In California, the fight is on between renewable energy advocates and the old guard electric utilities. All across California, cities and counties have been moving to implement Community Choice programs because they provide cheaper, cleaner, locally generated electricity. In fact these programs are so good, the utilities hope you never hear about them.

how-it-words-graphic

Community Choice Energy delivery model. The CCE provides energy, the utility provides transmission, and you receive cleaner, cheaper energy. Source: Peninsula Clean Energy

Before we get to the conflict and intrigue, let’s look at the basics of this new approach to buying electricity. Community Choice Energy, also known as Community Choice Aggregation, is a way for cities, counties or regions in California to look out for their own energy interests, a hybrid between regulated and deregulated electricity supply. The local utility still provides all of the billing services and infrastructure to supply electricity to the point of use, but they are no longer responsible for selecting the electricity supplier. Instead, the community chooses its energy supplier. Possibly the best part of a Community Choice Energy program is that it allows us choice. While CCEs across the state offer electricity with significantly more renewable content—and at lower costs than the utility—customers can still choose to stay with the status quo. No one is required to buy CCE power, anyone can opt-out. By example, let’s look at an actual program. [Read more…]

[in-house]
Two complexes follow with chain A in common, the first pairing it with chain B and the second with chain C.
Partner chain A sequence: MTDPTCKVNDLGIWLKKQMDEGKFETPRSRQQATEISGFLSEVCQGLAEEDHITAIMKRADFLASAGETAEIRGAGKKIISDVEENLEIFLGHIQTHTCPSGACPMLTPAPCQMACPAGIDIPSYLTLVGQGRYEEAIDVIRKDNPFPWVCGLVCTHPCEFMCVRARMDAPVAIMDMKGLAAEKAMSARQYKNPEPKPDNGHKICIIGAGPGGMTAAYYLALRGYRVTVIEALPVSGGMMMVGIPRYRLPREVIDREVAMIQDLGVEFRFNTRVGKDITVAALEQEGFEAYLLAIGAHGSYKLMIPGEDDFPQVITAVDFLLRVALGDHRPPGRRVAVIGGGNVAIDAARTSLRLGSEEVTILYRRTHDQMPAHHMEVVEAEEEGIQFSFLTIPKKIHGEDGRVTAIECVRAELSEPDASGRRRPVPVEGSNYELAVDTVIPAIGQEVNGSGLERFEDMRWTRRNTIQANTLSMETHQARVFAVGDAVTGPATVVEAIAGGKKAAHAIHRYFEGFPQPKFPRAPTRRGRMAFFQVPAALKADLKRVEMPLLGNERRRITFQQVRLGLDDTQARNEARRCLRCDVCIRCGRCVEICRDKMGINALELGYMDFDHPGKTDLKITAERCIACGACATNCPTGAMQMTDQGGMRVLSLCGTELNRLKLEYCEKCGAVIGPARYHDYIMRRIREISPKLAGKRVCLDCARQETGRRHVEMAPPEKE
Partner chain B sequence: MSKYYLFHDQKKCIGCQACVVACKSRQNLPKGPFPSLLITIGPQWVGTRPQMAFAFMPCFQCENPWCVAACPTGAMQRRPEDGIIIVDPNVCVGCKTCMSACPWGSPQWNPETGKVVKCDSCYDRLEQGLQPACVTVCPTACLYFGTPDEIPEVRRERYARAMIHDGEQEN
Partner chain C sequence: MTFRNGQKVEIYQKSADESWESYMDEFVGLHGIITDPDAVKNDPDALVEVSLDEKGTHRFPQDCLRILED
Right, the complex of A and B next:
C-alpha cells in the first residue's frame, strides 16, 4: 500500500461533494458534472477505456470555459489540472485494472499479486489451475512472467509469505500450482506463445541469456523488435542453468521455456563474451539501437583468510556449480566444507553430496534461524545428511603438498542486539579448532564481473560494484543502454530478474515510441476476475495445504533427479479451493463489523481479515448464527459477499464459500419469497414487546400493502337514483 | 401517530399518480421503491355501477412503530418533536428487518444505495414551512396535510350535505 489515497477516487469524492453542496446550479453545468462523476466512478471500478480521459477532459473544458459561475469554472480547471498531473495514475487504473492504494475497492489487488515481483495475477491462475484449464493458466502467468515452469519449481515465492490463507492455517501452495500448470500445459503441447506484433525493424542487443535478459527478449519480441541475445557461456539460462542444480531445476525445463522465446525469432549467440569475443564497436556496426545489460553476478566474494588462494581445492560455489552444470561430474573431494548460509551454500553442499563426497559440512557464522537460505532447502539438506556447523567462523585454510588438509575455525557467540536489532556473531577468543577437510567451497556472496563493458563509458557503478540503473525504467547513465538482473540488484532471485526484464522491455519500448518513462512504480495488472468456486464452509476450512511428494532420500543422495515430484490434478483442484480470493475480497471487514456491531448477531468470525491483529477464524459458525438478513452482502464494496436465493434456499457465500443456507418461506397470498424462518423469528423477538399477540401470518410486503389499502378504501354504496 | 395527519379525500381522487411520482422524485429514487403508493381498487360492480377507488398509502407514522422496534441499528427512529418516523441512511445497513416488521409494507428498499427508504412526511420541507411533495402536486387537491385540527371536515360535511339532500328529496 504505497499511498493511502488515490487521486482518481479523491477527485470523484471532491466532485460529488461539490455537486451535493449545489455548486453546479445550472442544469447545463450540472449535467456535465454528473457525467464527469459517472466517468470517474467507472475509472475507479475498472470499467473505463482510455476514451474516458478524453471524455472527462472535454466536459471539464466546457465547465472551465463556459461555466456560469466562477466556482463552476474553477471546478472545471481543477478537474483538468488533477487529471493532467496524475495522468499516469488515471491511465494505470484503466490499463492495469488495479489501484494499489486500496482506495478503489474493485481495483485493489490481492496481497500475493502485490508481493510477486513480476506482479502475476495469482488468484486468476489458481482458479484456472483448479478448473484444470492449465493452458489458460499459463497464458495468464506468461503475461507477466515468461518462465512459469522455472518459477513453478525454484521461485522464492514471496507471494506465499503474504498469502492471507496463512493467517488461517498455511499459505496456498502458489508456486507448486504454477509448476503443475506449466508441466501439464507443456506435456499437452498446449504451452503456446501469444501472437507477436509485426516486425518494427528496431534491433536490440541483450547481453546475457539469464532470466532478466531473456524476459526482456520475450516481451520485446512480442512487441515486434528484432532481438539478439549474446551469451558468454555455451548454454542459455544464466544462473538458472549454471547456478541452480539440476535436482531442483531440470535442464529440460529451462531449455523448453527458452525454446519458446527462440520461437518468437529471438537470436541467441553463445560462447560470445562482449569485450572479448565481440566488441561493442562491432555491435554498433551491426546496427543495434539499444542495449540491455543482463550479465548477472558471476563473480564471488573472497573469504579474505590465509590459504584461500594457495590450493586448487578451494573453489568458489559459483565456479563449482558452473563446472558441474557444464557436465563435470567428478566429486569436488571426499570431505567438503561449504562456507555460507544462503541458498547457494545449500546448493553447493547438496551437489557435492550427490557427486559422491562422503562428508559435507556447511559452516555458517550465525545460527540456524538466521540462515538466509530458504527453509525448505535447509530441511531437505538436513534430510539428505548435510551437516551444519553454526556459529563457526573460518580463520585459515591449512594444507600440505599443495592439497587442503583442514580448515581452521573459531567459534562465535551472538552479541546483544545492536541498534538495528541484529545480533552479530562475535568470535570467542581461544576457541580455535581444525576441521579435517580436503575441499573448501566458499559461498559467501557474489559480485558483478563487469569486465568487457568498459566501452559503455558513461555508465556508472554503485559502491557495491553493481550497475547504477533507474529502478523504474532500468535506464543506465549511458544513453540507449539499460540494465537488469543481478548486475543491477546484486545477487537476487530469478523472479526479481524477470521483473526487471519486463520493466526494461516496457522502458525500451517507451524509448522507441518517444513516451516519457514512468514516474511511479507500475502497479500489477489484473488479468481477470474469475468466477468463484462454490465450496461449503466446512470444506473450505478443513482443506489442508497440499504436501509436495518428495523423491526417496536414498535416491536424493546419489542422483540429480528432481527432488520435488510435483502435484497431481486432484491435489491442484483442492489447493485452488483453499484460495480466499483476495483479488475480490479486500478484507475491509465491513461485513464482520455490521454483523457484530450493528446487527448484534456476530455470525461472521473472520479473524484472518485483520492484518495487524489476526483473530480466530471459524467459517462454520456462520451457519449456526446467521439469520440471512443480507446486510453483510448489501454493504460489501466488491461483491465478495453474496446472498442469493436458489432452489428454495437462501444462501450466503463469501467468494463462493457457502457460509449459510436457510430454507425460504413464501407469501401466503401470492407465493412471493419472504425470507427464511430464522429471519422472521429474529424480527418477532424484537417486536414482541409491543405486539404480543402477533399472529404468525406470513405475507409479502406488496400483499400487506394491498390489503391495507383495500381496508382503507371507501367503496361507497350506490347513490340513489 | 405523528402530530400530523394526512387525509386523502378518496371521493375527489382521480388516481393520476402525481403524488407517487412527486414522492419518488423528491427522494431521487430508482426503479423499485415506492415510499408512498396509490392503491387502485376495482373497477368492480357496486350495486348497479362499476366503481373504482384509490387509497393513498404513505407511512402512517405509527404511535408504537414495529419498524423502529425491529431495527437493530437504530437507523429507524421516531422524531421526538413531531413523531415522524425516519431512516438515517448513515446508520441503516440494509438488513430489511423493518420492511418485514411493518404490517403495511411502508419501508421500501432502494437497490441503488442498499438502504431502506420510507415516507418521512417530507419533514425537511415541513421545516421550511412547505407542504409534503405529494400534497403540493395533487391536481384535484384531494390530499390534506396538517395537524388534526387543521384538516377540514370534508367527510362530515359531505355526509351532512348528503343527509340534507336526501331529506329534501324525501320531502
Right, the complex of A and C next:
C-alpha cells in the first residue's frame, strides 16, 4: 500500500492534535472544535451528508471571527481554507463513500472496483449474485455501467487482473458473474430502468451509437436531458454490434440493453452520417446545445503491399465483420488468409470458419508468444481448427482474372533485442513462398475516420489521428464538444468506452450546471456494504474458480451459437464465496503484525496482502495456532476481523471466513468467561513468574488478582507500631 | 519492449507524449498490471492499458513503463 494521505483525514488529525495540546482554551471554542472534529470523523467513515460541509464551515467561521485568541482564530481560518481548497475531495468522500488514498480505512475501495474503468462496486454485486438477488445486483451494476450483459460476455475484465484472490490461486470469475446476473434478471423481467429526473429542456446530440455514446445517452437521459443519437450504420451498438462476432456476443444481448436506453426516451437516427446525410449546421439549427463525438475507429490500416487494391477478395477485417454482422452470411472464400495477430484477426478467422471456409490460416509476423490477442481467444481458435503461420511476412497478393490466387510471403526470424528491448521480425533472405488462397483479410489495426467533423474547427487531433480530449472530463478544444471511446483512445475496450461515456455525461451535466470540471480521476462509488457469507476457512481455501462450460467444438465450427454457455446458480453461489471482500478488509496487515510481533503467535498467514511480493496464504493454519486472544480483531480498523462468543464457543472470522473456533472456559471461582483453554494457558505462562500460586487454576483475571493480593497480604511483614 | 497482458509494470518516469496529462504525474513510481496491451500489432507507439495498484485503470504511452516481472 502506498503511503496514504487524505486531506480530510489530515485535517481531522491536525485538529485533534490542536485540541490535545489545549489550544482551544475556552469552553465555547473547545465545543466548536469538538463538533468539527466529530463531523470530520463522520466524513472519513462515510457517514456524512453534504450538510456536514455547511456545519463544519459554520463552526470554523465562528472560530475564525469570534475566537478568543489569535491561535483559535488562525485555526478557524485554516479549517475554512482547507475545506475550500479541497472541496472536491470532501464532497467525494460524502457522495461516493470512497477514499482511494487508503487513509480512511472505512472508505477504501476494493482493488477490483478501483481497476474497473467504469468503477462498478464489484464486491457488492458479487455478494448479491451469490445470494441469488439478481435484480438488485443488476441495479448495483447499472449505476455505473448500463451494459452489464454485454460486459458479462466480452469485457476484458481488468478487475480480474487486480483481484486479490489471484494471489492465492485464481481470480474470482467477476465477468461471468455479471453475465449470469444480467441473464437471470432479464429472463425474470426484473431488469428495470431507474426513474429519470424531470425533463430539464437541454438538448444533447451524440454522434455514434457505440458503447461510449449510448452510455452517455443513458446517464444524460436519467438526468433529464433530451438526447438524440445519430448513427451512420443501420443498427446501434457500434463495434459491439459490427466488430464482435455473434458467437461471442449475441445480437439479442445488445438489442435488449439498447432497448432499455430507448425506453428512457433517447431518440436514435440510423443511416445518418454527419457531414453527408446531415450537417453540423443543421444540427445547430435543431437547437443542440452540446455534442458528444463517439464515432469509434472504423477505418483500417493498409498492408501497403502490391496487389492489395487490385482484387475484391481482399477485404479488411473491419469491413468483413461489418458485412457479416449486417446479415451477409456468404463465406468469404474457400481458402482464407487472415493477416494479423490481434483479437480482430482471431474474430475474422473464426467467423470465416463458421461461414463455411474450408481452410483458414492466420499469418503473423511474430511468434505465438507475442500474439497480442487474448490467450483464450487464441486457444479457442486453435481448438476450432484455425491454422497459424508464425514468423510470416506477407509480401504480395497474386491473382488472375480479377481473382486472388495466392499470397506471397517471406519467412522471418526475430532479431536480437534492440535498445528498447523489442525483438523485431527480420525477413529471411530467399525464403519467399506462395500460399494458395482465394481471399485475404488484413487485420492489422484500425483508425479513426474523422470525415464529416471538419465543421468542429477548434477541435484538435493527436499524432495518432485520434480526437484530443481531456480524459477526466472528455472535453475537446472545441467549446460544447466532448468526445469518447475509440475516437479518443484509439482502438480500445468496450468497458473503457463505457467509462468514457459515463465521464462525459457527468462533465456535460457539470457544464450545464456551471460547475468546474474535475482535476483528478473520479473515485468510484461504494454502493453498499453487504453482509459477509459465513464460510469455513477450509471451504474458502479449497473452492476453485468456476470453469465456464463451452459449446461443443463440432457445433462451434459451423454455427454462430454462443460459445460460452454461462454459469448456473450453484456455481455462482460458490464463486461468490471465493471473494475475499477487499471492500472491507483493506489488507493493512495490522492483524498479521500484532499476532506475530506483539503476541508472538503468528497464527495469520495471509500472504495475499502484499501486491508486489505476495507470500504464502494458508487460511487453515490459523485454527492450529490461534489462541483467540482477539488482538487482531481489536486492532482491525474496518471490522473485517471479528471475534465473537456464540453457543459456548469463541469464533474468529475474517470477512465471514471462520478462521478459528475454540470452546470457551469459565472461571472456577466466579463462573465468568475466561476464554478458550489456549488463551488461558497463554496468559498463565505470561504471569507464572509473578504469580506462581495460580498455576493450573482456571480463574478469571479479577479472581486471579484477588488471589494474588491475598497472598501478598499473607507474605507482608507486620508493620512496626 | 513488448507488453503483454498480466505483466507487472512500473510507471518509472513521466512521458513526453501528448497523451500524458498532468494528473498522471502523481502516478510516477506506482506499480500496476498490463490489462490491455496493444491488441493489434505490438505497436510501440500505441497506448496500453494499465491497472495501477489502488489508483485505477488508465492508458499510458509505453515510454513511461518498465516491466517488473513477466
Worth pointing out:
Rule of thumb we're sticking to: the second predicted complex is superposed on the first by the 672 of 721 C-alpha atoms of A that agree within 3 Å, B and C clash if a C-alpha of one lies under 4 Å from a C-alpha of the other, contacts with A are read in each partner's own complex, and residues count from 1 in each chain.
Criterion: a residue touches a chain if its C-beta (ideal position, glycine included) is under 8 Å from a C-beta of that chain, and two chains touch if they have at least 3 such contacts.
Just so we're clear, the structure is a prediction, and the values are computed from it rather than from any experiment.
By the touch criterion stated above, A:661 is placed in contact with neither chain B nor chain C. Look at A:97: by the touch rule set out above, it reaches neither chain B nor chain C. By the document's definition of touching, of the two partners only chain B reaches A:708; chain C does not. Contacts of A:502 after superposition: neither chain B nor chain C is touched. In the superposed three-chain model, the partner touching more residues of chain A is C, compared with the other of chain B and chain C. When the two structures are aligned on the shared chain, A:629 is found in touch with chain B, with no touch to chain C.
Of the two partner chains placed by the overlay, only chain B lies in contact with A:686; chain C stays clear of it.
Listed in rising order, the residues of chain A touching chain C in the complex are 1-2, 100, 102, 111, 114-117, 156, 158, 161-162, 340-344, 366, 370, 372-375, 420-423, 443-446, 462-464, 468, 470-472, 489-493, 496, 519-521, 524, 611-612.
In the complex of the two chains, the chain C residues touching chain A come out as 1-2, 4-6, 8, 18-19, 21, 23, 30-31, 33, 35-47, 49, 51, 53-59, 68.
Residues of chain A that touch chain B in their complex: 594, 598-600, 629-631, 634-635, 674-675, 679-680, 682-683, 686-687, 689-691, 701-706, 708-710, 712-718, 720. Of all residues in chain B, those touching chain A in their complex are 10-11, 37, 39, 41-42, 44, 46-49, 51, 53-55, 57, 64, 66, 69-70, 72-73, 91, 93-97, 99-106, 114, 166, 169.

The Dakota Access Pipeline: a Tale of Two Characters

Originally published in the San Diego Free Press, October 27th, 2016

By Chris Barroso

As a member of San Diego’s 350.org, I’d followed the story of the Dakota Access Pipeline (DAPL) for some time, telepathically urging the protesters on. And then one day, my friend Paul Sasso called me. “Hey, let’s go up and join the protesters. We’ll take my Tesla.” Yeah, I replied. I could do that; the next week wasn’t too busy, or the week after that. When are you thinking? I asked. “I’ll pick you up in a couple hours,” he said.  Whoa, I thought for a moment; but I hurriedly packed, and soon we were off to the North Country.

On the way we talked about this 30 inch diameter pipeline, the rivers (Big Sioux, Missouri, and Mississippi) and the tribal lands it would cross. Eminent Domain, one of us said, shaking our head. Did it translate in Native American languages to “broken treaty”?